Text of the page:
Friday, November 4

Navy deploys 4 warships, 3,400 troops in N’Delta

Navy deploys 4 warships, 3,400 troops in N’Delta

To combat piracy, oil theft and vandalism of critical oil and gas installations at the nation’s maritime environment, the Nigerian Navy has deployed four warships and 3,400 troops to the Niger Delta.

The Flag Officer Commanding Eastern Naval Command, Rear Adm. James Oluwole, announced the deployment, codenamed “Exercise Sharkbite” yesterday in Onne, Rivers.

According to Oluwole, the warships deployed for the exercise were the Nigerian Navy Ship (NNS) Okpabana, NNS Ologbo, NNS Burutu, NNS Sagbama, and a naval Augusta helicopter, while the 3,400 personnel comprised 3,000 ratings and 400 officers. Oluwole noted that the two-day exercise would also serve as avenue to check combat readiness of troops to tackle militant attacks on oil and gas installations, which plunged the nation into recession.

He disclosed that the exercise covers 24,000 nautical miles between Rivers and Cross River states coastal areas, and that it would boost socioeconomic activities at the nation’s maritime domain.

He said: “The exercise is an annual event for the employment of naval resources in training for maritime operations, either exploring the effects of warfare or testing strategies without actual combat. “The exercise will enhance the capacity of the command in the fight against piracy, sea robbery, hijacking, illegal bunkering and crude oil theft, among other maritime crimes.

“This exercise was informed by worsening vandalism of critical oil and gas infrastructure by militants, which has plunged the nation into recession.

Navy deploys 4 warships, 3,400 troops in N’Delta


“The participating fleets will conduct naval evolutions, patrols, visit, boarding, search and seizure, opposed boarding of a hijacked vessel, maritime interception, blockade of some river entrances and target practice, among others,” he said. He added that the Nigerian Navy must be in the best position to secure critical oil and gas infrastructure, both ashore and offshore, for socio-economic activities to thrive in our maritime domain.

He said the exercise would not interfere with legitimate activities of oil companies and seafarers; movement of commuters and other economic activities at sea and creeks in the region. According to him, the exercise follows a recent operation, Operation Tsare Teku III, launched by the Chief of the Naval Staff, Vice Adm. Ibok Ete-Ibas, which sought to prevent attacks on merchant ships.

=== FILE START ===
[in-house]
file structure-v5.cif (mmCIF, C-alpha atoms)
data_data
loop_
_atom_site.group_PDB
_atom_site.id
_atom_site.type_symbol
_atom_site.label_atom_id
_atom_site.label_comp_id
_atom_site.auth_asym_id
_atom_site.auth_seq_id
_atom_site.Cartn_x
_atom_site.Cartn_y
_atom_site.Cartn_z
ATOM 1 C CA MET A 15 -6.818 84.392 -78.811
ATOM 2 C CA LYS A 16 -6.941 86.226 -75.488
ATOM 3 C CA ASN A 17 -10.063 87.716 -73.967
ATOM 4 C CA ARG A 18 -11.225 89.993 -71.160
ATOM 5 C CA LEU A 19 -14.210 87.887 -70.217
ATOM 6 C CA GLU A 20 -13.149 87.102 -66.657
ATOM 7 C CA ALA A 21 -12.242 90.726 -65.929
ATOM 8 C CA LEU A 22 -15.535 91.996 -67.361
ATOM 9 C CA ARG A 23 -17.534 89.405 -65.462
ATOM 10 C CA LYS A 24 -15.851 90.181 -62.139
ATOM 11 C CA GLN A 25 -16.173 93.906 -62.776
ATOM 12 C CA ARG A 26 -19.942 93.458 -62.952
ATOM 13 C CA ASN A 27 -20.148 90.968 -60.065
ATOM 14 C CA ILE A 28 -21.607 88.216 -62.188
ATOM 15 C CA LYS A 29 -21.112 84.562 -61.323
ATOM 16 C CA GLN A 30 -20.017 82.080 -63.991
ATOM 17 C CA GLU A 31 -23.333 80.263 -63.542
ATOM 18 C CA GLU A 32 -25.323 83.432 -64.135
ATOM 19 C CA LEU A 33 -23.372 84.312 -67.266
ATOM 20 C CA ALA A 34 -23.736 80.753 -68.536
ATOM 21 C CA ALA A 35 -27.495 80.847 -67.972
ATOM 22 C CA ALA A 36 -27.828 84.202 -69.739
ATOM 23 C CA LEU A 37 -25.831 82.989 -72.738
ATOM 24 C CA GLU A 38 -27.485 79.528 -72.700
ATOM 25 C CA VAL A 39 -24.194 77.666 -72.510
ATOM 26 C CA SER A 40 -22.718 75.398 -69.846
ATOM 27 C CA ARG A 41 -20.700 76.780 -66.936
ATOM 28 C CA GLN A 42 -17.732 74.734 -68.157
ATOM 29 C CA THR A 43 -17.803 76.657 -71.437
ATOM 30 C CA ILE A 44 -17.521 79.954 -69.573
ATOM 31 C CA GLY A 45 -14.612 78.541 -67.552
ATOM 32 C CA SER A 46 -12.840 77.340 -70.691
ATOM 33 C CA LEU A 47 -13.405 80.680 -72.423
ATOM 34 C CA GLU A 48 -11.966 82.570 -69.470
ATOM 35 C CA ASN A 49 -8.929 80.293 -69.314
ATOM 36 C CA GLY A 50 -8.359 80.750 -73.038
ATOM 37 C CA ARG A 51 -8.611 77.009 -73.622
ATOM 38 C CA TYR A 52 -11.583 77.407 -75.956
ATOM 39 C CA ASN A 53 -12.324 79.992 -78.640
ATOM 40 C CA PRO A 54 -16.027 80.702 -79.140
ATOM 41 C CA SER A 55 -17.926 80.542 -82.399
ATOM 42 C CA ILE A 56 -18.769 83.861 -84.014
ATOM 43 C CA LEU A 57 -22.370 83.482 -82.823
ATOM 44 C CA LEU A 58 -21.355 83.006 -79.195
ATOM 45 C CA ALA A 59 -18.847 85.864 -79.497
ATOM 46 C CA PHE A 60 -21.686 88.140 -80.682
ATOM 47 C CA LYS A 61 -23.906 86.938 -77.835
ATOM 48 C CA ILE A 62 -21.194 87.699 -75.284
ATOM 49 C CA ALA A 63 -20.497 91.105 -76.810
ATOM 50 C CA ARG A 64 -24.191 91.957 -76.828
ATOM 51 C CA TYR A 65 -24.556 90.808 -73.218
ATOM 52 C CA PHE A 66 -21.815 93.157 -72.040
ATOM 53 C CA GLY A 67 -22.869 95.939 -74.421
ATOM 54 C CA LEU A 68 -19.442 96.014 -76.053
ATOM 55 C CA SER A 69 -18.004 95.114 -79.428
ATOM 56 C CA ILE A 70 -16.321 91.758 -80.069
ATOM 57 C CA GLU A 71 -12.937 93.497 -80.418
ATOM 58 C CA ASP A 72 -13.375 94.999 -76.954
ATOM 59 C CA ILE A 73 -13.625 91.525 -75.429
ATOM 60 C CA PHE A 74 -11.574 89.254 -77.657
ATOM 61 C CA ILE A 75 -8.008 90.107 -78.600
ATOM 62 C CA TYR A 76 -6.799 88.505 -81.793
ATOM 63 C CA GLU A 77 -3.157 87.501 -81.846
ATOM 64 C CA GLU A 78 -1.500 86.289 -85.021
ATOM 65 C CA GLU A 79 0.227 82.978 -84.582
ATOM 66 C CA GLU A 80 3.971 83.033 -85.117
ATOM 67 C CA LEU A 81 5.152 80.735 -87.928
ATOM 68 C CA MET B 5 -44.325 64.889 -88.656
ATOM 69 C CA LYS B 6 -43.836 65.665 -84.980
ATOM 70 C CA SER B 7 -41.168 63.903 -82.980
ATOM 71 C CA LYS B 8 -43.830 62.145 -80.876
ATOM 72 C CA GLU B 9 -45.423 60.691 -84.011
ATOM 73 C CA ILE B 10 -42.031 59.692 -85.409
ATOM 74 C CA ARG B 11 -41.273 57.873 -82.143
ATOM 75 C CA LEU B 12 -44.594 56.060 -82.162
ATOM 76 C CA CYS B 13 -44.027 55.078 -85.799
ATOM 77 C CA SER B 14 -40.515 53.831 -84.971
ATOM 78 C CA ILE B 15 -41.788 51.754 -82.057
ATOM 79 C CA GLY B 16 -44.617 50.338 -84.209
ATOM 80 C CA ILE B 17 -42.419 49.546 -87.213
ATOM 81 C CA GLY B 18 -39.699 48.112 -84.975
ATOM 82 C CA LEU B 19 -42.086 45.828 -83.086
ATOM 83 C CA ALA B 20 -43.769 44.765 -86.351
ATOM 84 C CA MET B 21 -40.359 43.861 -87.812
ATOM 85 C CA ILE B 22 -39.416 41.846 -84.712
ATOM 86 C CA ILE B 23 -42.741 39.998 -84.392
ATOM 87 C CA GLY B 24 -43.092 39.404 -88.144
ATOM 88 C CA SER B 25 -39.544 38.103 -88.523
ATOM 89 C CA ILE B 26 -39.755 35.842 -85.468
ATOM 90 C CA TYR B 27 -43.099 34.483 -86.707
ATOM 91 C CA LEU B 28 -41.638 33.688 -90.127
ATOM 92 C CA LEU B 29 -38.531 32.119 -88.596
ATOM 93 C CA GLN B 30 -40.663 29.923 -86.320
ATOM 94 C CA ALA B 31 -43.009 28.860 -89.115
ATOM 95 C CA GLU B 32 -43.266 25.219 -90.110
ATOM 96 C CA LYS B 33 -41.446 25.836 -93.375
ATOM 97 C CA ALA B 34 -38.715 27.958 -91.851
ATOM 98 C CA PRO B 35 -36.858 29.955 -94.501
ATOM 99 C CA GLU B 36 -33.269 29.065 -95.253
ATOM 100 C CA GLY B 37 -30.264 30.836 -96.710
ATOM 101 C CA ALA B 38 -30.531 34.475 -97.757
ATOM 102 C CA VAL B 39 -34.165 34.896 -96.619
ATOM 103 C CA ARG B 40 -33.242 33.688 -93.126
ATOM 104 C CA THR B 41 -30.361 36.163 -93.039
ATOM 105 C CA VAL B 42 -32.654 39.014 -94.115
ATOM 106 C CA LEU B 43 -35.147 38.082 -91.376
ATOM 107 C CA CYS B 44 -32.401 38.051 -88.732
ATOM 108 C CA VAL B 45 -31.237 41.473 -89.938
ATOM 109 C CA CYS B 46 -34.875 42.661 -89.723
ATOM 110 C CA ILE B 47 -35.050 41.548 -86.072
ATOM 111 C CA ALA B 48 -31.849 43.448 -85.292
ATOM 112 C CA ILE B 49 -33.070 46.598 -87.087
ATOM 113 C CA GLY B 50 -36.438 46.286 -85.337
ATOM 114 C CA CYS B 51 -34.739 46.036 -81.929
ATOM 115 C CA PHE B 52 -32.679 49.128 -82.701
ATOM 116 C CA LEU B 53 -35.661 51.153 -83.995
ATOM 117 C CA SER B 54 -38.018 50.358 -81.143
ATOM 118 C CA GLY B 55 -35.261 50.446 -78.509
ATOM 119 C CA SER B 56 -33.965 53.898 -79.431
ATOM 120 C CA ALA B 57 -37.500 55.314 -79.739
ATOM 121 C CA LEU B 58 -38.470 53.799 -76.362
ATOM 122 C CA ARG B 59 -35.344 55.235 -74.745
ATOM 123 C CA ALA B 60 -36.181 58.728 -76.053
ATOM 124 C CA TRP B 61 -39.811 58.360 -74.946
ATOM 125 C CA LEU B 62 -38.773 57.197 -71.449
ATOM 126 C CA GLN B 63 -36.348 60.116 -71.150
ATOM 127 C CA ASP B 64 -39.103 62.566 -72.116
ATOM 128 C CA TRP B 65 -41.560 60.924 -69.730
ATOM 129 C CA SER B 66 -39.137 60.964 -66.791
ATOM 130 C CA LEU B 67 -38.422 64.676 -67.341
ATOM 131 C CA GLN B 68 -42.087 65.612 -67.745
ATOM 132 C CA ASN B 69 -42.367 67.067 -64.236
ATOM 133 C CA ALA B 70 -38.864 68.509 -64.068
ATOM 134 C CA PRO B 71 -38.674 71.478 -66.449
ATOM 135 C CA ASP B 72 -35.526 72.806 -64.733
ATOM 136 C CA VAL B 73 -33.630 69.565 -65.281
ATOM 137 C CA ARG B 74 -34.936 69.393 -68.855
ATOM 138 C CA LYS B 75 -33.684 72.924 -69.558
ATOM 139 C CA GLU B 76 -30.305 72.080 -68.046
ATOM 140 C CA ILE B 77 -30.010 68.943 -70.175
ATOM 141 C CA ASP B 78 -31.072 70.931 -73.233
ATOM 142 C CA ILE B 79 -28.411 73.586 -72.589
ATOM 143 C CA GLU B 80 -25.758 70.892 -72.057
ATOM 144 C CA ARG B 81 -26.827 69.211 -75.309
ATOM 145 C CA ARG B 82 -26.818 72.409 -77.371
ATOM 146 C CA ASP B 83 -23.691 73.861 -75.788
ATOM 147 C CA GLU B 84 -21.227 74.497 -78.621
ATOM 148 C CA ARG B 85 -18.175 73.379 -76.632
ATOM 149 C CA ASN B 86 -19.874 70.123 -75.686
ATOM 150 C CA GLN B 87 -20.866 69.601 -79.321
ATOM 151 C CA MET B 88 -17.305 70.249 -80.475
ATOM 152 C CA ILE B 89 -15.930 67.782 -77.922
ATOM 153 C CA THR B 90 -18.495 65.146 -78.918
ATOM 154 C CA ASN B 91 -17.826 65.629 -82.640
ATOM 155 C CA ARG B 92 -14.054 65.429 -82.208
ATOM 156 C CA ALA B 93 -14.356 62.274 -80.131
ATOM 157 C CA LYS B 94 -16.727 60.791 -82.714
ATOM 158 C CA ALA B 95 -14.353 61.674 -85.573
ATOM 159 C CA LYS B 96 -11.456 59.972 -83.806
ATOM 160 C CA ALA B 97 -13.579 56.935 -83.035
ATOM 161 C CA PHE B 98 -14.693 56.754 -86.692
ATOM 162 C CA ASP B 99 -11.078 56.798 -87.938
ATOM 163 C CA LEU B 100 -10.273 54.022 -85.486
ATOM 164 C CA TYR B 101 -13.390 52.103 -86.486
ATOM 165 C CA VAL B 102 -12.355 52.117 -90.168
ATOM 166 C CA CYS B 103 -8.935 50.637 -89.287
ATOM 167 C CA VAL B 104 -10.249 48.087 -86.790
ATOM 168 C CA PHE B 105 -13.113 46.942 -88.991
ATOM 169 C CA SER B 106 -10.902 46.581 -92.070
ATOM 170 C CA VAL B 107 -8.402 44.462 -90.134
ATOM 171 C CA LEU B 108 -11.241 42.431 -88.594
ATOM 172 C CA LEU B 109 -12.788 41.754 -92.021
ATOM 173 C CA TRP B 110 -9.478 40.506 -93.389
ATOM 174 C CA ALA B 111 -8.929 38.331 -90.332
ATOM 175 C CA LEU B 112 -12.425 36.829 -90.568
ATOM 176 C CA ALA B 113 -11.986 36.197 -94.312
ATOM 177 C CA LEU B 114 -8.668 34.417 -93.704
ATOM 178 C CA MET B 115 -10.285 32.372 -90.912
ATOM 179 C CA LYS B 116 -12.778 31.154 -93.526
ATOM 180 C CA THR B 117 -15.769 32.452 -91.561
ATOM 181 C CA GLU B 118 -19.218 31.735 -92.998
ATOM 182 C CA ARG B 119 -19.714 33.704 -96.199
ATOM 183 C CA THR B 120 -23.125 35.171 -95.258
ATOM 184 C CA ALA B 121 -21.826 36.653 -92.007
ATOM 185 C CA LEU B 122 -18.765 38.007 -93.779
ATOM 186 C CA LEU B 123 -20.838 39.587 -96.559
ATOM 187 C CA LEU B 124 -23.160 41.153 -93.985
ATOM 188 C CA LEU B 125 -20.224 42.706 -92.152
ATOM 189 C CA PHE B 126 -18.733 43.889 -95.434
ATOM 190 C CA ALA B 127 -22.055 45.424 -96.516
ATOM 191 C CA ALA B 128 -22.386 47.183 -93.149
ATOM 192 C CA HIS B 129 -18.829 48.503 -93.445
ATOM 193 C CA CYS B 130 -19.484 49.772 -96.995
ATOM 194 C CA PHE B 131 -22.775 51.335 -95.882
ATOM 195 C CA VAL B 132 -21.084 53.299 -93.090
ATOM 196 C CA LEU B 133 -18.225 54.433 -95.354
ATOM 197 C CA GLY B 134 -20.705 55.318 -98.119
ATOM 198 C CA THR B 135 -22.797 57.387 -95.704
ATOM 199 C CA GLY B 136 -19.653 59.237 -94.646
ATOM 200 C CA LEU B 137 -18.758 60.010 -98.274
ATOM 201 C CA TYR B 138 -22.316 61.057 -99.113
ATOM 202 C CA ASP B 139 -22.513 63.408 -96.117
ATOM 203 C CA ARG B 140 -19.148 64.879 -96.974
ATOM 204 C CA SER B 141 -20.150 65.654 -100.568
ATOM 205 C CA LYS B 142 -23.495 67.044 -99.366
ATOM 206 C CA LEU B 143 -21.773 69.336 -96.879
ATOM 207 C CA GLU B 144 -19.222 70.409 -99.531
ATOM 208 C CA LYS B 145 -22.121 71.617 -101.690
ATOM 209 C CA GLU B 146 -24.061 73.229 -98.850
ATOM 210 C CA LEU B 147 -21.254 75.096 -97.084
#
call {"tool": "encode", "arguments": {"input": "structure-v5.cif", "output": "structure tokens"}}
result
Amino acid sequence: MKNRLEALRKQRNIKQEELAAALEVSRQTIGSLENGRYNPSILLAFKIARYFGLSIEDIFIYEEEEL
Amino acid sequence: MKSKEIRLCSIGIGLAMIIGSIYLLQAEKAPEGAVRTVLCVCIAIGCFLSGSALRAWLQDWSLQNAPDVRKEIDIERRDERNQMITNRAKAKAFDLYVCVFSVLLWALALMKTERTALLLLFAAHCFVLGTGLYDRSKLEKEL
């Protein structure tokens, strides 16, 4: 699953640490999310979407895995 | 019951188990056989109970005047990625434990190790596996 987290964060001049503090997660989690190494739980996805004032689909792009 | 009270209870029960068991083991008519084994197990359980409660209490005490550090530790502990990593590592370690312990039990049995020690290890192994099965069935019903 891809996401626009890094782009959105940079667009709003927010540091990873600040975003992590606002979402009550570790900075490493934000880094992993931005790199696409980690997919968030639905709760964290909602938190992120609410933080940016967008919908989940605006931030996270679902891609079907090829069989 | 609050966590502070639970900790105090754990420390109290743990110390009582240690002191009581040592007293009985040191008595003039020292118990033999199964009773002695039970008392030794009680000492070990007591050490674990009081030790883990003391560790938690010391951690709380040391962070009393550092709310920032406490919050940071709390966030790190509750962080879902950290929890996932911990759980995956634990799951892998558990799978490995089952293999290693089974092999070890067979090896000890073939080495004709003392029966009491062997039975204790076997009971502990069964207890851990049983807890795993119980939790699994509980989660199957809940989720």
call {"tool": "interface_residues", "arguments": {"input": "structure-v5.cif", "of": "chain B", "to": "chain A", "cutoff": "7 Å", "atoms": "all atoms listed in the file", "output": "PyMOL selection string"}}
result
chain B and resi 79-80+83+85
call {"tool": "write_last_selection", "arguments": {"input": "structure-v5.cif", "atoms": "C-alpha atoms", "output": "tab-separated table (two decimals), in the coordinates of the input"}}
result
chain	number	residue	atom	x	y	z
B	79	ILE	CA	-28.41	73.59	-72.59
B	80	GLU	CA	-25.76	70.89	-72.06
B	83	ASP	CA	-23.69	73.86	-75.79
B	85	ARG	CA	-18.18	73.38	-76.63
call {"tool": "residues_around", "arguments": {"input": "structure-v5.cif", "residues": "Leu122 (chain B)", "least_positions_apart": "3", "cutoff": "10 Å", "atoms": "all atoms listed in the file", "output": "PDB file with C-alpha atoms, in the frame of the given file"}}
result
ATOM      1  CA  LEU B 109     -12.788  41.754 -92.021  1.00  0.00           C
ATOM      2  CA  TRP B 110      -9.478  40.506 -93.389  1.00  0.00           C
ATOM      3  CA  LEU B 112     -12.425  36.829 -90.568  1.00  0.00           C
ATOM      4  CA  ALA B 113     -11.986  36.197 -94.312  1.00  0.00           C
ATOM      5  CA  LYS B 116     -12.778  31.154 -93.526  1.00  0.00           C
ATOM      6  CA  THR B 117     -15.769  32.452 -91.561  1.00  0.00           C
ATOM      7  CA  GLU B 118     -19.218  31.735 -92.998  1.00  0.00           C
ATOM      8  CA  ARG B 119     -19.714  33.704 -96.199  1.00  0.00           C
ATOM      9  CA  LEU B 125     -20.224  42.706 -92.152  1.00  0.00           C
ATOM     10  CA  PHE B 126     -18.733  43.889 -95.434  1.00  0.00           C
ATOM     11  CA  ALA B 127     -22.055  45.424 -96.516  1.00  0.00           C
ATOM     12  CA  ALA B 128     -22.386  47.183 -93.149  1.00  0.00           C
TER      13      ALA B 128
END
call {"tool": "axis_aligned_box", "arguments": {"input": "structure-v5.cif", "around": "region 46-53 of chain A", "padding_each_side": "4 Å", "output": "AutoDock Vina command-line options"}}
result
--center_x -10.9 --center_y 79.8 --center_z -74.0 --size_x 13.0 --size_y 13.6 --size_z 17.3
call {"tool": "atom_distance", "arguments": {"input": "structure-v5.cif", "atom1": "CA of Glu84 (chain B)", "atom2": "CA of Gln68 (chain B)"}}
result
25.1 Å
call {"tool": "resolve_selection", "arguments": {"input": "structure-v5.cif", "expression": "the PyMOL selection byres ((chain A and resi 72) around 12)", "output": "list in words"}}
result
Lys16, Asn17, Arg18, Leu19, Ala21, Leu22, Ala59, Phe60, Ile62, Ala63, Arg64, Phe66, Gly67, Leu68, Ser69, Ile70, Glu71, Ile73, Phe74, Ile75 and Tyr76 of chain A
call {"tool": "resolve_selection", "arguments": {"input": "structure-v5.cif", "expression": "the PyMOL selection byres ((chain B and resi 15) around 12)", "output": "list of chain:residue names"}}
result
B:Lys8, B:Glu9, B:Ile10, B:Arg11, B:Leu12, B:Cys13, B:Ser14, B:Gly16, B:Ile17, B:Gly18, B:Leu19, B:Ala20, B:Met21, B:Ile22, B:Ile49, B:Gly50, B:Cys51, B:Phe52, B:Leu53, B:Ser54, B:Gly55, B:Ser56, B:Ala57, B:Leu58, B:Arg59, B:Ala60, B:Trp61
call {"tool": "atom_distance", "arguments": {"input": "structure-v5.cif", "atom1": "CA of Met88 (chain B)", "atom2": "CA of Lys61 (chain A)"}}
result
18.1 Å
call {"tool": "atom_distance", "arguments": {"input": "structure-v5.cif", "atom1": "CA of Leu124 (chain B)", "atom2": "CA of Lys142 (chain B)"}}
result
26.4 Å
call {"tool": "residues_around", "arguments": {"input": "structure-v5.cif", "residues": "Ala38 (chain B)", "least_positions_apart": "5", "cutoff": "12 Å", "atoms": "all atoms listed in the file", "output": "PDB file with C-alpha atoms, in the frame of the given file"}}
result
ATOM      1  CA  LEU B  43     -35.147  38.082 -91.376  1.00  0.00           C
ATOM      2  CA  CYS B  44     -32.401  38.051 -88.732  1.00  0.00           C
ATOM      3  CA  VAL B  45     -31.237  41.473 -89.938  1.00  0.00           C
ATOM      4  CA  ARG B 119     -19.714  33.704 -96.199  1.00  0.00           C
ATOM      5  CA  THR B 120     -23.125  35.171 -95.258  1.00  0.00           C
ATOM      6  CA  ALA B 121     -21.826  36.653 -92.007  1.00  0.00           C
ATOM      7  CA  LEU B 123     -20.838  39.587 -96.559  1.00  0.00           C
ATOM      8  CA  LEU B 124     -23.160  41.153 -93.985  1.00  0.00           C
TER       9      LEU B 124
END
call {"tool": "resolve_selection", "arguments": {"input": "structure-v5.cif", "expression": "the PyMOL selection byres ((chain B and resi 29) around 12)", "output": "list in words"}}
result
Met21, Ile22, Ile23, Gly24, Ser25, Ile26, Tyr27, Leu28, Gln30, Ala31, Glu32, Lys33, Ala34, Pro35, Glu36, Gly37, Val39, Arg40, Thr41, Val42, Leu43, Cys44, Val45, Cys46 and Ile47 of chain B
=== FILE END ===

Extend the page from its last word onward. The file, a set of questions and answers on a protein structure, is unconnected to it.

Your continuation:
“The Nigerian Navy must be in the best position to secure critical oil and gas infrastructure both ashore and offshore for socio-economic activities to thrive in our maritime domain.

“The 3,400 personnel participating in this exercise comprised 3,000 ratings and 400 officers,” he said. Several militant groups have sustained attacks on oil and gas installations in the Niger Delta since the beginning of this year. Just on Wednesday, some militants blew up the Bantan Flow Station run by Nigerian Petroleum Development Company (NPDC) in Delta State, a subsidiary of Nigeria National Petroleum Corporation (NNPC).

Consequently, Nigeria has lost huge revenues owing to the sustained attacks on oil and gas pipelines in the Niger Delta. The ruptured pipelines are those conveying crude oil to the export terminals and refineries, while the others supplied gas to the thermal power stations for the generation of electricity in the country. The Niger Delta Avengers (NDA) has claimed responsibility for the destruction of the oil pipelines.

The NDA first came under the spotlight in February, when it claimed responsibility for an attack on an underwater pipeline owned by the Royal Dutch Shell. The NDA has since attacked similar facilities owned by Chevron and Agip while the group has threatened to continue the onslaught until the Federal Government meets its demands.

As part of efforts to address the crisis in the Niger Delta, President Muhammadu Buhari, on Tuesday in Abuja, met with leaders and stakeholders from the oil-rich region.

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